The 5 Things Candidates Do To Foul Up Their Hiring Chances


Searching for a job can be difficult, and even though the market is improving, it still doesn't take much for a candidate to knock themselves out of the running for a promising position.

Recruiters and hiring managers know this to be true, so it's interesting to see this latest survey from CareerBuilder that listed mistakes that details the biggest mistakes that candidates make when applying and interviewing for a job.

As Rosemary Haefner, chief human resources officer for CareerBuilder pointed out:

Workers realize that the job market is stronger than it has been over the last eight years, and technology is allowing them to pursue new opportunities faster and more efficiently than ever. But, just because they are able to submit an application easier doesn’t mean candidates can skip basic steps – or requirements – like submitting a cover letter or customizing their resumes. These items get the attention of recruiters and hiring managers, and leaving them out of the process can hurt a job seeker’s chances of securing a new job.”

Most common job seeker mistakes

Candidates need to take extra care when it comes to all aspects of the hiring process, but many don't do this and it ends up costing them. According to Haefner, these mistakes are what recruiters and hiring managers say they see the most from job candidates;

  1. 84 percent of job seekers don’t find out the hiring manager’s name and personalize the application – Applying directly to the hiring managers increases a candidate's chance of getting noticed and shows that they have gone that extra step and invested time in getting to know the company.
  2. 57 percent of job seekers don’t send thank-you notes after an interview – This can be one of the most important steps in a candidate’s pre-hire journey as it enables them to reiterate exactly why they're the best fit for the job. Most recruiters and hiring managers expect a thank-you note in some form or another (email or handwritten), so neglecting this action will make a candidate stick out -- and not in a good way. In fact, thank-you notes should also be sent after phone screening calls as well.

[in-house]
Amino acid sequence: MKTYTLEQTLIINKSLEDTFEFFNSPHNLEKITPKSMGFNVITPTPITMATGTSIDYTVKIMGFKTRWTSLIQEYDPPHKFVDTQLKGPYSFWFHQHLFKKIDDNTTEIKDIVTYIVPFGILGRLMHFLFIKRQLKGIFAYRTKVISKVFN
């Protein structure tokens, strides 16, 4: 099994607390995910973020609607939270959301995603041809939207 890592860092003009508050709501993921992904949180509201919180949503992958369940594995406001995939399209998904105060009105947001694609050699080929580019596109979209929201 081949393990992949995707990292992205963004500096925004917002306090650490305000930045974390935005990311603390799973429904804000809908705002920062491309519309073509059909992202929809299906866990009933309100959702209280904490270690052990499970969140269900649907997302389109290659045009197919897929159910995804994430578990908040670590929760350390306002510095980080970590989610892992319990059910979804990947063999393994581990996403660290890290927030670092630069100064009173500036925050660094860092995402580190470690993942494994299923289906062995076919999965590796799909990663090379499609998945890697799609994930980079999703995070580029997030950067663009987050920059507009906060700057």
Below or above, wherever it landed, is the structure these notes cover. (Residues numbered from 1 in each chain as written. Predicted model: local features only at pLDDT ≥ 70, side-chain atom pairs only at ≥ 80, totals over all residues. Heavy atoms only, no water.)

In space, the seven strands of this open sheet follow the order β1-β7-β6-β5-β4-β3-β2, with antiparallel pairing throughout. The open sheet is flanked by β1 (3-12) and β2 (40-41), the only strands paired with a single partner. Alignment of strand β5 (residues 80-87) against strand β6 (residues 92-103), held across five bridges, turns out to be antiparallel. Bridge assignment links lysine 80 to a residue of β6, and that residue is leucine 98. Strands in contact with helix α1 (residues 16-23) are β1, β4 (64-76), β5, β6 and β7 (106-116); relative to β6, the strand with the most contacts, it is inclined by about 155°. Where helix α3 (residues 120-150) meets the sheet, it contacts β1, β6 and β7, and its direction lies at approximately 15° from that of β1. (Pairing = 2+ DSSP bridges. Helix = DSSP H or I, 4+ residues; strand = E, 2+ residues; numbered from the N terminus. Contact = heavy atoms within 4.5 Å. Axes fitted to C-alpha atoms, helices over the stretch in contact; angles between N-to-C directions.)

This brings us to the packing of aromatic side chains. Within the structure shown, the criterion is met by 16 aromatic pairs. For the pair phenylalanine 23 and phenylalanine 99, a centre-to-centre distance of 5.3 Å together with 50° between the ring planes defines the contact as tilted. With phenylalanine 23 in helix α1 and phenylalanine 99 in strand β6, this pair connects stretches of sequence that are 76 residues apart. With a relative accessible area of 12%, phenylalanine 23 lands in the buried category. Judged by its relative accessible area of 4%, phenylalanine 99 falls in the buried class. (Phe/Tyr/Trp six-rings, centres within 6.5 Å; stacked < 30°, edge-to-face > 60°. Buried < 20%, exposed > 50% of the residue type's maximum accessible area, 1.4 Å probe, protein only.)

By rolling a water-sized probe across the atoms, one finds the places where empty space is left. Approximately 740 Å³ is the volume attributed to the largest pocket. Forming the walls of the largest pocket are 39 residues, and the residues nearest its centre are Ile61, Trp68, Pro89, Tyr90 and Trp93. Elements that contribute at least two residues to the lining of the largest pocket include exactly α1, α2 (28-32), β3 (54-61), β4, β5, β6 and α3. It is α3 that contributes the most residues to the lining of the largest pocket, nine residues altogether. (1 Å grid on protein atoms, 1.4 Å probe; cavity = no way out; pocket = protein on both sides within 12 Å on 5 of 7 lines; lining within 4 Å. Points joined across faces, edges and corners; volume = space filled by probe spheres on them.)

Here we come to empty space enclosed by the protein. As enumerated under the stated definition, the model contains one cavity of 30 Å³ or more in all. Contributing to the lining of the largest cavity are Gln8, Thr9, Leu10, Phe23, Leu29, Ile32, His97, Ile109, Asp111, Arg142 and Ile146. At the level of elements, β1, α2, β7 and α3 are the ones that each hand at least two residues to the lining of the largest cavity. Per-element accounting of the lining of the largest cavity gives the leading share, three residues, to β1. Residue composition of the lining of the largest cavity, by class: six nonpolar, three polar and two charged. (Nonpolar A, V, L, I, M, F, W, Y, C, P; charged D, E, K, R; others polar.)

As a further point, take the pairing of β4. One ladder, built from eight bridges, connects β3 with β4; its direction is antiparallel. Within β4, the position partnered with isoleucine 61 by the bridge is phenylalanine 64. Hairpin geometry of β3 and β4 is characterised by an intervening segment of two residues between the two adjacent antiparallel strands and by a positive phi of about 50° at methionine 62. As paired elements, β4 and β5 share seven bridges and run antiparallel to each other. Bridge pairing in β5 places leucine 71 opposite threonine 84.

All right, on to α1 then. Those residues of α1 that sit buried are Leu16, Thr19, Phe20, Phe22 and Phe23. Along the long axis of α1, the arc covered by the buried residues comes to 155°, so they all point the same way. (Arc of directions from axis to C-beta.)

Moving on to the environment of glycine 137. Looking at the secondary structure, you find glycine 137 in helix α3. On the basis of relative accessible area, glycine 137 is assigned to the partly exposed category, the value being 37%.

3. 54 percent of job seekers don’t customize their resume for each employer – All-purpose resumes can kill a candidate's chances, and talent management pros can spot from a mile away. Haefner urges candidates to tailor their resume to match the job description by inserting key words used in the job posting that match their experience. Not only will this catch the eye of the hiring manager, she says, but it can move a resume to the top of the pile if an automated tracking system is scanning resumes for potential candidates
  4. 45 percent of job seekers don’t include a cover letter with their resume – Although there is a growing school of thought that cover letters are passé, they still help a candidate the opportunity to sell themselves beyond the typical listing of work experience and skills in a resume. Yes, cover letters allow job seekers to introduce themselves and showcase their credentials in a relatable way.
  5. 37 percent of job seekers don’t follow up with an employer after they applied – Recruiters can sometimes be overwhelmed by candidate applications for certain open jobs, so circling back with the recruiter or hiring manager after submitting a cover letter and resume can really help job seekers stand out among the competition

This survey was conducted online within the U.S. by Harris Poll on behalf of CareerBuilder among 3,244 employees ages 18 and over (employed full-time, not self-employed, non-government) between May 11 and June 7, 2016. With a pure probability sample of 3,244, one could say with a 95 percent probability that the overall results have a sampling error of +/- 1.72 percentage points.

My take: Hiring is tough for everyone involved, both talent managers and job seekers alike. But what jumps out at me the most from these mistakes that hiring managers see from candidates is the lack of attention to detail.

Like so many things in life, the little things are frequently what separates the people who are landing jobs (or at least getting deep into the hiring process) from those who don't. Personalized resumes and finding out the hiring manager's name should be a given if you're a serious job seeker, but when more than 8 in 10 talent managers say it's a problem, it tells me that a lot of people hunting for jobs need to take their game up a notch or two.

I was also struck by the fact that the hiring managers mentioned things like the lack of a cover letter or a thank you note after an interview as issues for them. Cover letters (and resumes too) are held up by a lot of so-called experts as a waste of time, but I think this survey shows that they still do have value in the minds of a great many people.

Thank you notes fall into that same category, and as I have argued in the past, are the sign of good manners -- and good manners never go out of style.

Yes, details matter in a great many things in life, hiring included. Serious job candidates need to be serious about the details, too.